We must accept a trial court's findings of historical fact if they are supported by the record. See Chapman v. Willey, 134 P.3d 568, 569 (Colo.App.2006).
Plaintiffs contend that the purposes for which the Town held Lot 4 constituted a “governmental purpose.” We conclude that the Town's original plan for Lot 4, which ultimately lapsed, and its subsequent consideration of other potential public uses for the lot, did not cause the Town to hold the property for a governmental purpose pursuant to section 31-15-713.
Section 31-15-713 states in relevant part:
(1) The governing body of each municipality has the power:
(a) To sell and dispose of waterworks, ditches, gasworks, geothermal systems, solar systems, electric light works, or other public utilities, public buildings, real property used or held for park purposes, or any other real property used or held for any governmental purpose. Before any such sale is made, the question of said sale and the terms and consideration thereof shall be submitted at a regular or special election and approved in the manner provided for authorization of bonded indebtedness by section 31-15-302(1)(d).
To sell and dispose of, by ordinance, any other real estate, including land acquired from the federal government, owned by the municipality upon such terms and conditions as the governing body may determine at a regular or special meeting.
A. Original Plan
We agree with the trial court that although the Town “held” Lot 4 continuously from 1997 through the date of the trial, it did not use or hold it for any governmental purpose. The trial court ruled that subsections (1)(a) and (b) of section 31-15-713 demonstrate a legislative intent to distinguish between property held or used for any governmental purpose, the sale of which must be approved by election, and “any other real estate,” which may be sold by ordinance.
The trial court found, with record support, that although the Town entered into the lease and option agreement in the context of relocating the Town Hall to Lot 4, the contingencies for construction failed to materialize when the other entity withdrew its interest. Therefore, the trial court concluded that the applicable statutory provision was subsection (b), which applies to “any other real estate,” and not subsection (a), which applies to property held for “any governmental purpose.”
We conclude that by enacting the two subsections, the General Assembly provided that not all property owned by a municipality is held or used for governmental purposes. In fact, the property here was never used for a town hall because the other entity did not acquire the existing town hall facility.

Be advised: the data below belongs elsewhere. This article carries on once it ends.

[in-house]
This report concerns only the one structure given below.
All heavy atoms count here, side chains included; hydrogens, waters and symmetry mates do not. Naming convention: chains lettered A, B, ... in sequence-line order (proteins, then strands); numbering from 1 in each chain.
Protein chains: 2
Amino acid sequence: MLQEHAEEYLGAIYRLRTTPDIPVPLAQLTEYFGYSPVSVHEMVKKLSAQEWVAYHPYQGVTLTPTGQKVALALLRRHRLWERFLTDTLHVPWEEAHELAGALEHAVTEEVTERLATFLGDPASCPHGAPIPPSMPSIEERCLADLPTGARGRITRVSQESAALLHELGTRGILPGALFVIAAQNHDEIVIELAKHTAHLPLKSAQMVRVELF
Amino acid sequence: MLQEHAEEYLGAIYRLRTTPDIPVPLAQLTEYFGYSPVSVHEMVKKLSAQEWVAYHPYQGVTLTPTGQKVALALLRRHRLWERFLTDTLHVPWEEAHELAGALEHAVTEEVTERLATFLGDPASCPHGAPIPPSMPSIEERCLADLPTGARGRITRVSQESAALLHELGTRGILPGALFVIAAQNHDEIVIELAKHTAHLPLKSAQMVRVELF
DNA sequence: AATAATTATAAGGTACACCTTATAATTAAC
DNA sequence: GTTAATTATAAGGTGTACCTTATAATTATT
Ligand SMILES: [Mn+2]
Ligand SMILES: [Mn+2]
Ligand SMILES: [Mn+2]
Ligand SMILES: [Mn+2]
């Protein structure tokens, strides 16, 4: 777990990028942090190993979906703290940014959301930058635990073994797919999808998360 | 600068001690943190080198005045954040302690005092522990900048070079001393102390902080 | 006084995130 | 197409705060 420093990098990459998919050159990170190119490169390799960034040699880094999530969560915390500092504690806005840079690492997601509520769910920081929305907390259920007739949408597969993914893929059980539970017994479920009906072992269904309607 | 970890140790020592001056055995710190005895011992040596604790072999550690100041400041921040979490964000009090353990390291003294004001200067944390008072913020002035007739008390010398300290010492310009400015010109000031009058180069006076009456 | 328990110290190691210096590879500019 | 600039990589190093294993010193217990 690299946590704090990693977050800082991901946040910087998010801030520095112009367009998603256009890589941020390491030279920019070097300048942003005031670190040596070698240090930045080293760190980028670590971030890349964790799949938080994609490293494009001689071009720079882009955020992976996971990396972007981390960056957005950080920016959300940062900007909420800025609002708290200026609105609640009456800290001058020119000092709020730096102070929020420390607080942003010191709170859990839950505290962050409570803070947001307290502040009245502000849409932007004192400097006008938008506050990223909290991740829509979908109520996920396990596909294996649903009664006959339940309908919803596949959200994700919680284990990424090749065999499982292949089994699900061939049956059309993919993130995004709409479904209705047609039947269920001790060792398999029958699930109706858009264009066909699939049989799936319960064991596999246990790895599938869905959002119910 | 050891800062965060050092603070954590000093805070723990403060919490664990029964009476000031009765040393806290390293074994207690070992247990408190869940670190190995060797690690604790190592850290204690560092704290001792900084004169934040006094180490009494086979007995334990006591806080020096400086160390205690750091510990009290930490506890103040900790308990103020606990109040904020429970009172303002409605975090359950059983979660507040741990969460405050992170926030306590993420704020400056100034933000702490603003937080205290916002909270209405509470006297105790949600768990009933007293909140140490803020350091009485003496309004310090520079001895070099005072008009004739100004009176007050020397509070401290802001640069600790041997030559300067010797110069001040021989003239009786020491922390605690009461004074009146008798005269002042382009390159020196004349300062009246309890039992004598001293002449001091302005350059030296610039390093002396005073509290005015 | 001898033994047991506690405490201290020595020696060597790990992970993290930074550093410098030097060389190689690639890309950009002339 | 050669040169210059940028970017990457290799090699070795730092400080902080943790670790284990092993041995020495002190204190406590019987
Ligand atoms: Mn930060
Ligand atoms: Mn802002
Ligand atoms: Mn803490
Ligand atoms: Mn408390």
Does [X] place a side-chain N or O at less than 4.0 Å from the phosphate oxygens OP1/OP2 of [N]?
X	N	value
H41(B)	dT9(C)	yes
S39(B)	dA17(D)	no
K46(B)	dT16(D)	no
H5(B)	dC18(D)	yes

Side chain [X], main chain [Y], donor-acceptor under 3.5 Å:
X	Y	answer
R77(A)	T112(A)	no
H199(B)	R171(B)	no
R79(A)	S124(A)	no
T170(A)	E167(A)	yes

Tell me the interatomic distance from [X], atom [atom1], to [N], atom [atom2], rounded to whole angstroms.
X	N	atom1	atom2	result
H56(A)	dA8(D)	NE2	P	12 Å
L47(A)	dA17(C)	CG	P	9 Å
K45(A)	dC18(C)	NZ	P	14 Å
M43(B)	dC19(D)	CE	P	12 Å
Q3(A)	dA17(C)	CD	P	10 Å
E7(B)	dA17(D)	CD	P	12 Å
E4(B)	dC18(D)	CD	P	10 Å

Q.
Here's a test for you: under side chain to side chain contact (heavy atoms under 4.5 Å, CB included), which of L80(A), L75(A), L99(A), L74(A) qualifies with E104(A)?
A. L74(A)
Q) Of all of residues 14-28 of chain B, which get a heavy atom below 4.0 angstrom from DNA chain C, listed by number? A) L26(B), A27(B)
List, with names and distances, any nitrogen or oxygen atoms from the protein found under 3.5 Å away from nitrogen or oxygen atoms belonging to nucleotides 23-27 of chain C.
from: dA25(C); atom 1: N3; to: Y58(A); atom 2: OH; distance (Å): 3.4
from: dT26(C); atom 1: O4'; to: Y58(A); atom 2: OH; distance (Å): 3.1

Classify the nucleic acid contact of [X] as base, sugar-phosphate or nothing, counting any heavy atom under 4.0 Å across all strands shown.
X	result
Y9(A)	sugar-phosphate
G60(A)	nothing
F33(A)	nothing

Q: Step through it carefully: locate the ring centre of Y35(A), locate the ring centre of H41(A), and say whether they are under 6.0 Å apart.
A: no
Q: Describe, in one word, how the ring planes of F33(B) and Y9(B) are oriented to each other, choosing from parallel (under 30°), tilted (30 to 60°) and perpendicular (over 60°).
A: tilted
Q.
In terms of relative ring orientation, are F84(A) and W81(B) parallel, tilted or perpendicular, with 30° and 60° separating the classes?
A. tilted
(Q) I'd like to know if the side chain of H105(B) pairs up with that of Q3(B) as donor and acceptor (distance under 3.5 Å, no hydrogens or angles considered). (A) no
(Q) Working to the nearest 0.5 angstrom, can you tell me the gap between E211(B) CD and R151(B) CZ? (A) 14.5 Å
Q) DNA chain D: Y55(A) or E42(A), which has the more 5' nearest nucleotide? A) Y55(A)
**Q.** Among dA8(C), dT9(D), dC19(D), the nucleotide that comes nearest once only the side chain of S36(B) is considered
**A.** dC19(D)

Courts in other jurisdictions have applied an analysis similar to that used by the trial court here in addressing property that has been purchased for public use, but which has never in fact been so employed. In Schneider v. Town of West New York, 84 N.J.Super. 77, 201 A.2d 63 (1964), the plaintiffs sought to set aside the city's sale of land on the ground that the land was park land and prohibited from sale by statute. The court allowed the sale because the city had never put the land to park use and its mere declaration that the land was acquired for park purposes was not enough to make the land unsalable under the statute. The court held that the city was free to dispose of the land if it decided not to use it for its intended purpose before it had done anything to appropriate the land to such use.
We find the reasoning in Schneider persuasive and equally applicable in the similar context present here. See Southeastern Greyhound Lines v. City of Lexington, 299 Ky. 510, 186 S.W.2d 201, 202 (1945)(“[T]here is a distinction between property acquired for a public purpose and not dedicated to that use, and property purchased for the purpose and actually dedicated to the use. Where the property has been purchased or condemned for a public purpose, and has not been dedicated to such use, the city may sell it ․”); see also 10 E. McQuillin, The Law of Municipal Corporations § 28.38.20 (rev.3d ed.1990)(property which is not appropriated or devoted to a public use, which has ceased to be used or is not used by the public, or which is in excess of public need may be disposed of by a city without special statutory authorization).